Tree Rewriting

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Tree rewriting is a synonym for term rewriting, i.e., the process of transforming trees (tree structured data?) into other trees by applying rewriting rules.

Bottomup tree rewriting? is a special case of tree rewriting that is used in code generation to select instructions for subtrees of an expression tree. The paper Rewriting Strategies for Instruction Selection explains the formalization of instruction selection by means of rewrite rules and different strategies that might be employed to apply these rules.

In graph rewriting? possibly cyclic graphs are transformed. However, tree rewriting systems? are often implemented using a mild form of graphs, i.e, directed acyclic graphs? (or DAG?s) in which it is possible for subtrees to be shared by several supertrees. This is necessary for implementations to be efficient; pure tree rewriting requires making a complete copy of a tree whenever it is bound to a variable which is used more than once in a right-hand side of rewrite rule.

Tree rewrite rules can be implemented in any language that supports hierarchical data structures.

Google on tree rewriting

-- EelcoVisser - 08 Jun 2002

Tree rewriting is TermRewriting extended to allow rewriting of arbitrary syntactic forms, typically specified using a context-free grammar.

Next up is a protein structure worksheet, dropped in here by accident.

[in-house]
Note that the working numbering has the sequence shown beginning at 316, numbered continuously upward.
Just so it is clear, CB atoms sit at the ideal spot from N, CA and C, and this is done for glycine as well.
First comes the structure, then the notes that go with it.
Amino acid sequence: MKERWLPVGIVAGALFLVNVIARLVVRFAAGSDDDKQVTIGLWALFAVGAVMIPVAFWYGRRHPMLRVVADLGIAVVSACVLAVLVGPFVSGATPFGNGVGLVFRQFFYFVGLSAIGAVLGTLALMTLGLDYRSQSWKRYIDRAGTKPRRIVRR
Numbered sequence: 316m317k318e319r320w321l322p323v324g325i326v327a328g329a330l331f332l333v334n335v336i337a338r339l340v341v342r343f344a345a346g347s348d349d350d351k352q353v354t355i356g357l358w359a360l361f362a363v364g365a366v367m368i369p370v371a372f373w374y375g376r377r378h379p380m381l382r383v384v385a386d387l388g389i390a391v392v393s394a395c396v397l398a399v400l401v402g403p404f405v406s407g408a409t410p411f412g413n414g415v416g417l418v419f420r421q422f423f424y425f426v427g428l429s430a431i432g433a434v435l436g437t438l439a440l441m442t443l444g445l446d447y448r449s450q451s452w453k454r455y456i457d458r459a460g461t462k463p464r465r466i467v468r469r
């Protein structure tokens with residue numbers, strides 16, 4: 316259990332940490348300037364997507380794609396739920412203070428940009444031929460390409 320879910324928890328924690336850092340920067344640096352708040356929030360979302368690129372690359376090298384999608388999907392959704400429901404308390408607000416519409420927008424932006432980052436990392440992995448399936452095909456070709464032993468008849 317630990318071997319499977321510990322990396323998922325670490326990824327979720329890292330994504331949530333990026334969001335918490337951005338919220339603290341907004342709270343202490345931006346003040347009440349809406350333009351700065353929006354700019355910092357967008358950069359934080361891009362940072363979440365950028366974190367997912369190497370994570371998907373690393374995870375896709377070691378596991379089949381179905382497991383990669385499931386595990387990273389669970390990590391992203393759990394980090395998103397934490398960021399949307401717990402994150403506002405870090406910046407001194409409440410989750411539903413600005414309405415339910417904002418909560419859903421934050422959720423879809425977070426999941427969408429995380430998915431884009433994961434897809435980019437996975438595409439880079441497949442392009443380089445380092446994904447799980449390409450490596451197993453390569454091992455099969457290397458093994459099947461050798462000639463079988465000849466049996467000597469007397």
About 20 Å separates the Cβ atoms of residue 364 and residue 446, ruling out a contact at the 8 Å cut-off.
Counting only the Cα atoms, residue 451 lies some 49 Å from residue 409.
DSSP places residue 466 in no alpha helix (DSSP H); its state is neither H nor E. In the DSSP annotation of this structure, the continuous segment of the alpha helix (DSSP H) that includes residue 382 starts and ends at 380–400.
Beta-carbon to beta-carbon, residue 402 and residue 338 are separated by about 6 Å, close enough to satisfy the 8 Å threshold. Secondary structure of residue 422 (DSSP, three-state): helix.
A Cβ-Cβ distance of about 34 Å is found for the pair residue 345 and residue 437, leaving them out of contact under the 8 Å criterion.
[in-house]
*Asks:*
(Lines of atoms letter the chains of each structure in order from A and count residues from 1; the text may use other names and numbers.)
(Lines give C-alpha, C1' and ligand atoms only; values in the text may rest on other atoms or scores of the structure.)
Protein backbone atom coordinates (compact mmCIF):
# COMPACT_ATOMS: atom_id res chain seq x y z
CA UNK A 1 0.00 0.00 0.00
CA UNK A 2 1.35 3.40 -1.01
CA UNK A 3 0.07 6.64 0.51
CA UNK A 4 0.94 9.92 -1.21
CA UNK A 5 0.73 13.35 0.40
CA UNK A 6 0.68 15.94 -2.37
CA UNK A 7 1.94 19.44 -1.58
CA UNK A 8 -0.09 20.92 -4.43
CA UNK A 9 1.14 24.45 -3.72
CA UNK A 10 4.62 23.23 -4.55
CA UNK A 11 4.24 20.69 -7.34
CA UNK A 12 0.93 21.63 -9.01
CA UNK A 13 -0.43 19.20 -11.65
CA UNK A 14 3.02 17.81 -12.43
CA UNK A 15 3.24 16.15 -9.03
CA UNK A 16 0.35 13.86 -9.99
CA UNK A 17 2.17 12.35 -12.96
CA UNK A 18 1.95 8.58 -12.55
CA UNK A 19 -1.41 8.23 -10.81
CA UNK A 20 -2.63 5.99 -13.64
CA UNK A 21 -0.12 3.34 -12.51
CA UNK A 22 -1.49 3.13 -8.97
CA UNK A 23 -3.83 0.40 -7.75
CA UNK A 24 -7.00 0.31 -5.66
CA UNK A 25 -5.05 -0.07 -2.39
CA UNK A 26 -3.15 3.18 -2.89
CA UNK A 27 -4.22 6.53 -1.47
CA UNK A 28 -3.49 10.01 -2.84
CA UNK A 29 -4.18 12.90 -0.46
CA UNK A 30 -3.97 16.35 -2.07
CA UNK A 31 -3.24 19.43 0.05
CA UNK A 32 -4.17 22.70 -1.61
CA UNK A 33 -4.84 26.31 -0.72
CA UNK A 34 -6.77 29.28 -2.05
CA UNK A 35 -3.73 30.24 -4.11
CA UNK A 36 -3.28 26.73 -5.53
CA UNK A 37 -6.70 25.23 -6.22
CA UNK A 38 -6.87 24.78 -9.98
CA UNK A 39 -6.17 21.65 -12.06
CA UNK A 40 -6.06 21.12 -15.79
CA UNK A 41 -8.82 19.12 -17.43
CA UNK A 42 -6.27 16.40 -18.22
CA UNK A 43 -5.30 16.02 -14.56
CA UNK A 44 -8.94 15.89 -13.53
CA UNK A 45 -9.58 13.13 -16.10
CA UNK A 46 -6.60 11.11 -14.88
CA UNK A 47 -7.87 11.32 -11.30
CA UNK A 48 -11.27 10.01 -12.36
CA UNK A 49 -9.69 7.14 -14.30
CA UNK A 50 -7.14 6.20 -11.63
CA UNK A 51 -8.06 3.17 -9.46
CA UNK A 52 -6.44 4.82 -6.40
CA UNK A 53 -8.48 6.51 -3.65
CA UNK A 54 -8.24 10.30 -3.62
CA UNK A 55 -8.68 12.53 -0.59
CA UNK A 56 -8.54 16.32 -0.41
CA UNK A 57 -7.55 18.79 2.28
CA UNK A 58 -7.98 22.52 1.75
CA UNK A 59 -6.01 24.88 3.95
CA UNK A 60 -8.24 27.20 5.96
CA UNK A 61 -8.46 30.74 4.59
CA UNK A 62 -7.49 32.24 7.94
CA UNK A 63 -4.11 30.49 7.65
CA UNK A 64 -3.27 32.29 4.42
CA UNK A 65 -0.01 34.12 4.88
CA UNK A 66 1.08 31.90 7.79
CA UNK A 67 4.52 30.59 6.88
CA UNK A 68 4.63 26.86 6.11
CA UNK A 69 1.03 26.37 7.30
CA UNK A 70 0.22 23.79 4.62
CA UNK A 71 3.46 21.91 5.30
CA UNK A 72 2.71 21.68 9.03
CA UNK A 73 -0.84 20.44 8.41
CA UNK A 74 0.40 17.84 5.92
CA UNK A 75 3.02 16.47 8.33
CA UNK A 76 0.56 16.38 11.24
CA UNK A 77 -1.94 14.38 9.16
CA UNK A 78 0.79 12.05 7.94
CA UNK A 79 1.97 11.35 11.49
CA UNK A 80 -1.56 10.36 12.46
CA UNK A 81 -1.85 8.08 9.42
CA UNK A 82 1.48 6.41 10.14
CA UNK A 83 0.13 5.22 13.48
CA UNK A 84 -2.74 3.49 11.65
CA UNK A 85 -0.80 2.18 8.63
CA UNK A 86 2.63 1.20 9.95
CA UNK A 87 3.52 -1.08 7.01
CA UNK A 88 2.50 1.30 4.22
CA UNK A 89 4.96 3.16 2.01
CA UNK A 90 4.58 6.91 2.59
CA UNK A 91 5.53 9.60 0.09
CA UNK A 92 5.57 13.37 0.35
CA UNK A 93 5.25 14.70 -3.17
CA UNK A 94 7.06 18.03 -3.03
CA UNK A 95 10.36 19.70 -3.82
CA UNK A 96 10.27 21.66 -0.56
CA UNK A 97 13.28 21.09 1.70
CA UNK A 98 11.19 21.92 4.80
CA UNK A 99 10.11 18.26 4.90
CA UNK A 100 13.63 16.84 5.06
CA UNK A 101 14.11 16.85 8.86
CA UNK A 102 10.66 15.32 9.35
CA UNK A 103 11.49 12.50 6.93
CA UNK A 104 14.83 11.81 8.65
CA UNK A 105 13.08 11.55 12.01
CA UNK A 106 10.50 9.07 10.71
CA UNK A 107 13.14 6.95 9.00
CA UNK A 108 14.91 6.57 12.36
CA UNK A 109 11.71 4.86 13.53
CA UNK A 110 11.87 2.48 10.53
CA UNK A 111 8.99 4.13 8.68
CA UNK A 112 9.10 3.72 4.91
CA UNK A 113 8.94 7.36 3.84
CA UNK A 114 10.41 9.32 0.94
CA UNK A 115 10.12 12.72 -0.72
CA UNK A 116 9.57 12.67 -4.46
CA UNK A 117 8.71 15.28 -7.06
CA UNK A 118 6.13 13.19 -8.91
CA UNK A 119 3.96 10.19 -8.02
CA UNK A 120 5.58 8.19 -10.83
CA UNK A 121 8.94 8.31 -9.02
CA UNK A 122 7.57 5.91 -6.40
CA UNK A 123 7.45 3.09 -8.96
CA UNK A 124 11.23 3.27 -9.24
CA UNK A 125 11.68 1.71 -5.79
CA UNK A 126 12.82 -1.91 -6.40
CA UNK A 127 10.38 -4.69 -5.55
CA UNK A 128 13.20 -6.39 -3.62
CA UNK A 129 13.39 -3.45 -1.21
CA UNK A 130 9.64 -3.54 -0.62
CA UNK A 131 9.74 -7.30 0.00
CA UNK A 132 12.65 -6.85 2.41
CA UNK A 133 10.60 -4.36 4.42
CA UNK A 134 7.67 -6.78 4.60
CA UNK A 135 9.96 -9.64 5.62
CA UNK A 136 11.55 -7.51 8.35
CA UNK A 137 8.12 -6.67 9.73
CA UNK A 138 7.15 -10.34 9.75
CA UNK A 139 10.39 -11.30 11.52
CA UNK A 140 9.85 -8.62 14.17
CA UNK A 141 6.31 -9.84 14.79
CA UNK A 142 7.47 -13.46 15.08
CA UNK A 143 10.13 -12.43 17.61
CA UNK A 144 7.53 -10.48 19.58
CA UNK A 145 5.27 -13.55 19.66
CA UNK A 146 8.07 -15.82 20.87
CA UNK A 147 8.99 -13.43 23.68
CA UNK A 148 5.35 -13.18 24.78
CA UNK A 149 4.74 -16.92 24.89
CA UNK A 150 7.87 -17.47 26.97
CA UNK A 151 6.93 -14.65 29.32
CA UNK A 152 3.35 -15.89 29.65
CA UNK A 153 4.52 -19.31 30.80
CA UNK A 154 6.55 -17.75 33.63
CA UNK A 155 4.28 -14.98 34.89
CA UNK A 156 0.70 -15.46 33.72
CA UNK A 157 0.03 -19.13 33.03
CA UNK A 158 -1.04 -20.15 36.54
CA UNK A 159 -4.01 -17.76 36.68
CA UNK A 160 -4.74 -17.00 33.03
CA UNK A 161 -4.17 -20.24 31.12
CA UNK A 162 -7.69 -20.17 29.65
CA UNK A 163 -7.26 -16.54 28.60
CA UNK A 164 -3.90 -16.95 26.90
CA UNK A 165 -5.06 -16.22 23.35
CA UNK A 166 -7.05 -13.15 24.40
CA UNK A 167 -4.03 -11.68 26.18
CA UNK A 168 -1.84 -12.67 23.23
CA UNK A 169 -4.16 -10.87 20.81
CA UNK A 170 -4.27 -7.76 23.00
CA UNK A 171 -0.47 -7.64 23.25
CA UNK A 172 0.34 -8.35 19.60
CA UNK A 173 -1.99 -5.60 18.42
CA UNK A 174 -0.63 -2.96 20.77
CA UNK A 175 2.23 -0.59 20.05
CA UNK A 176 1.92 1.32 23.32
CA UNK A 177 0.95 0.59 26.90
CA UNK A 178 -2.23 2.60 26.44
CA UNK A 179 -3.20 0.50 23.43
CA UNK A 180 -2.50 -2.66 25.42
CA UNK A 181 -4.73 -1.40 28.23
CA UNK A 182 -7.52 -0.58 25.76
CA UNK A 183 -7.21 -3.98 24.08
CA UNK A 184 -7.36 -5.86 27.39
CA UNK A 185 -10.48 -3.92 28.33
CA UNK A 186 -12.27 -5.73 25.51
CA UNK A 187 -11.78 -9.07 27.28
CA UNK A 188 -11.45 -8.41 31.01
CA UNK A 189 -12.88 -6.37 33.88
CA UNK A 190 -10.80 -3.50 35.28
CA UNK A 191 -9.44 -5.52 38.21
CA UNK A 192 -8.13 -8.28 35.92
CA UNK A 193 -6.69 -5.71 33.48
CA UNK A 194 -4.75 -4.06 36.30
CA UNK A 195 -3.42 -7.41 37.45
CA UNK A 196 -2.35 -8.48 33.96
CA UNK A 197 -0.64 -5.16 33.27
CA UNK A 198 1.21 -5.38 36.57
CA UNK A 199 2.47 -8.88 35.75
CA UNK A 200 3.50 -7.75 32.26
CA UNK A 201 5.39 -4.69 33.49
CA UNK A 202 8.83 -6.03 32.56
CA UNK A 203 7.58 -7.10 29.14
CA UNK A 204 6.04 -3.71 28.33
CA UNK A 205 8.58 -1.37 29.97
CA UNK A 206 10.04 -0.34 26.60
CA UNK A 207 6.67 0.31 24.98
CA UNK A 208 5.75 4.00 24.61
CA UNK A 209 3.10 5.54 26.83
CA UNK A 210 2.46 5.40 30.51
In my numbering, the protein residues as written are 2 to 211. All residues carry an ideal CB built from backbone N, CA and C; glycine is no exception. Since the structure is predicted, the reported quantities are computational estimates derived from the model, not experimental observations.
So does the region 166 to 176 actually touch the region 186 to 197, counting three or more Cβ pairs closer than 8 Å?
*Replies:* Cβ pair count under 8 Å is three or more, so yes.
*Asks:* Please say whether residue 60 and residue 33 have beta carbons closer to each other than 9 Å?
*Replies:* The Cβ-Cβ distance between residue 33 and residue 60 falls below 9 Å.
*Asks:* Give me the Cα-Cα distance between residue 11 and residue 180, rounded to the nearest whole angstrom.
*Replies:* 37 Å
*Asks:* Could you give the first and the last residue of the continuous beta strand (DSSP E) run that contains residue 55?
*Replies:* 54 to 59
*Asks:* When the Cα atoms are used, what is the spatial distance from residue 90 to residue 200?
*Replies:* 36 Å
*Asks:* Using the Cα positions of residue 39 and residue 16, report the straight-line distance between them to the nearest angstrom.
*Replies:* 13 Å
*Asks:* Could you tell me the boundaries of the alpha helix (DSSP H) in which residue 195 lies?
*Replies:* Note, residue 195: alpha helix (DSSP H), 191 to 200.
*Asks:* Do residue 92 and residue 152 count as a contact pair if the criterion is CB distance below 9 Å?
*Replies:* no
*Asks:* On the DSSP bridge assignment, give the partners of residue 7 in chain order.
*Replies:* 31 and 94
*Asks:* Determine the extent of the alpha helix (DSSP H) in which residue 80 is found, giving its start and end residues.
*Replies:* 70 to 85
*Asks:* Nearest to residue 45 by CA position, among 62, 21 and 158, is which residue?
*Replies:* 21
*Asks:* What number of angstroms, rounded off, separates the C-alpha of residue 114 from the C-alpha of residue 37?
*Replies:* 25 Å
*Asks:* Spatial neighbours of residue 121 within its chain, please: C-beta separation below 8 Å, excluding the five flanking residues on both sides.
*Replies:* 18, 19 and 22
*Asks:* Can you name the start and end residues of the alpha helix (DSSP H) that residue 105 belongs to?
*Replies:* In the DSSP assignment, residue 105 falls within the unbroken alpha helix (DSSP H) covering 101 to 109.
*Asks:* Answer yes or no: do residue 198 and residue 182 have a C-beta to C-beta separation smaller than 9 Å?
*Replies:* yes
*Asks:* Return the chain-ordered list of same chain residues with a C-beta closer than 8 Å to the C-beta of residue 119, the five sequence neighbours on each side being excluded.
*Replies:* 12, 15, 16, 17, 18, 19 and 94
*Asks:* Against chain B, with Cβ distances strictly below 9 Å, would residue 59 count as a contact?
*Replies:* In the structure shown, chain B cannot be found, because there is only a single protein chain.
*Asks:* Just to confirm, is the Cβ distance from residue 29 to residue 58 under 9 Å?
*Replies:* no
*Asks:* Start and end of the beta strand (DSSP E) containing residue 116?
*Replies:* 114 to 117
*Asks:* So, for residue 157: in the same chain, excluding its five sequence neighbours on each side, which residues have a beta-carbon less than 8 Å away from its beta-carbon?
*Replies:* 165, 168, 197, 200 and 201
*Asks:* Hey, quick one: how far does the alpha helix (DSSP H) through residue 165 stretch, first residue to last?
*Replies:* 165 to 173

The pattern and replacement of a rewriting rule are expressed as sentential forms of a given nonterminal of the grammar, with pattern variables bound to deeper nonterminals in a by-example style.

An example ( TXL ) tree rewriting rule over the Java grammar appears below. In this notation nonterminal types of the grammar (in this case the Java grammar) appear in square brackets []. Words beginning with a capital letter are pattern variable names. A pattern variable name followed by a nonterminal type denotes a binding occurrence of the variable; a pattern variable name appearing without a type denotes the variable's previously bound value.

    rule nestedIfToElseIf
        replace [statement]

                if ( E1 [expression] ) 
                    S1 [statement]
                else {
                    if ( E2 [expression] )
                        S2 [statement]
                    Else2 [opt else_clause]

                if ( E1 ) 
                else if ( E2 )
    end rule 

Tree rewriting rules are applied to parse trees of the grammar (their scope) searching for instances of the nonterminal they rewrite (their target) under control of a RewritingStrategy, typically attribute evaluation or functional programming.

-- JamesCordy

Tree rewriting and term rewriting are usually identified, since terms are isomorphic to trees. The presentation of rewrite rules using concrete syntax? is orthogonal to the definition of rules. In the paper Meta Programming with Concrete Object Syntax it is shown how a language based on rewriting abstract syntax trees? can be extended to use concrete syntax trees.

-- EelcoVisser - 08 Jun 2002

CategorySystem | TransformationSystems | Contributions by JamesCordy, EelcoVisser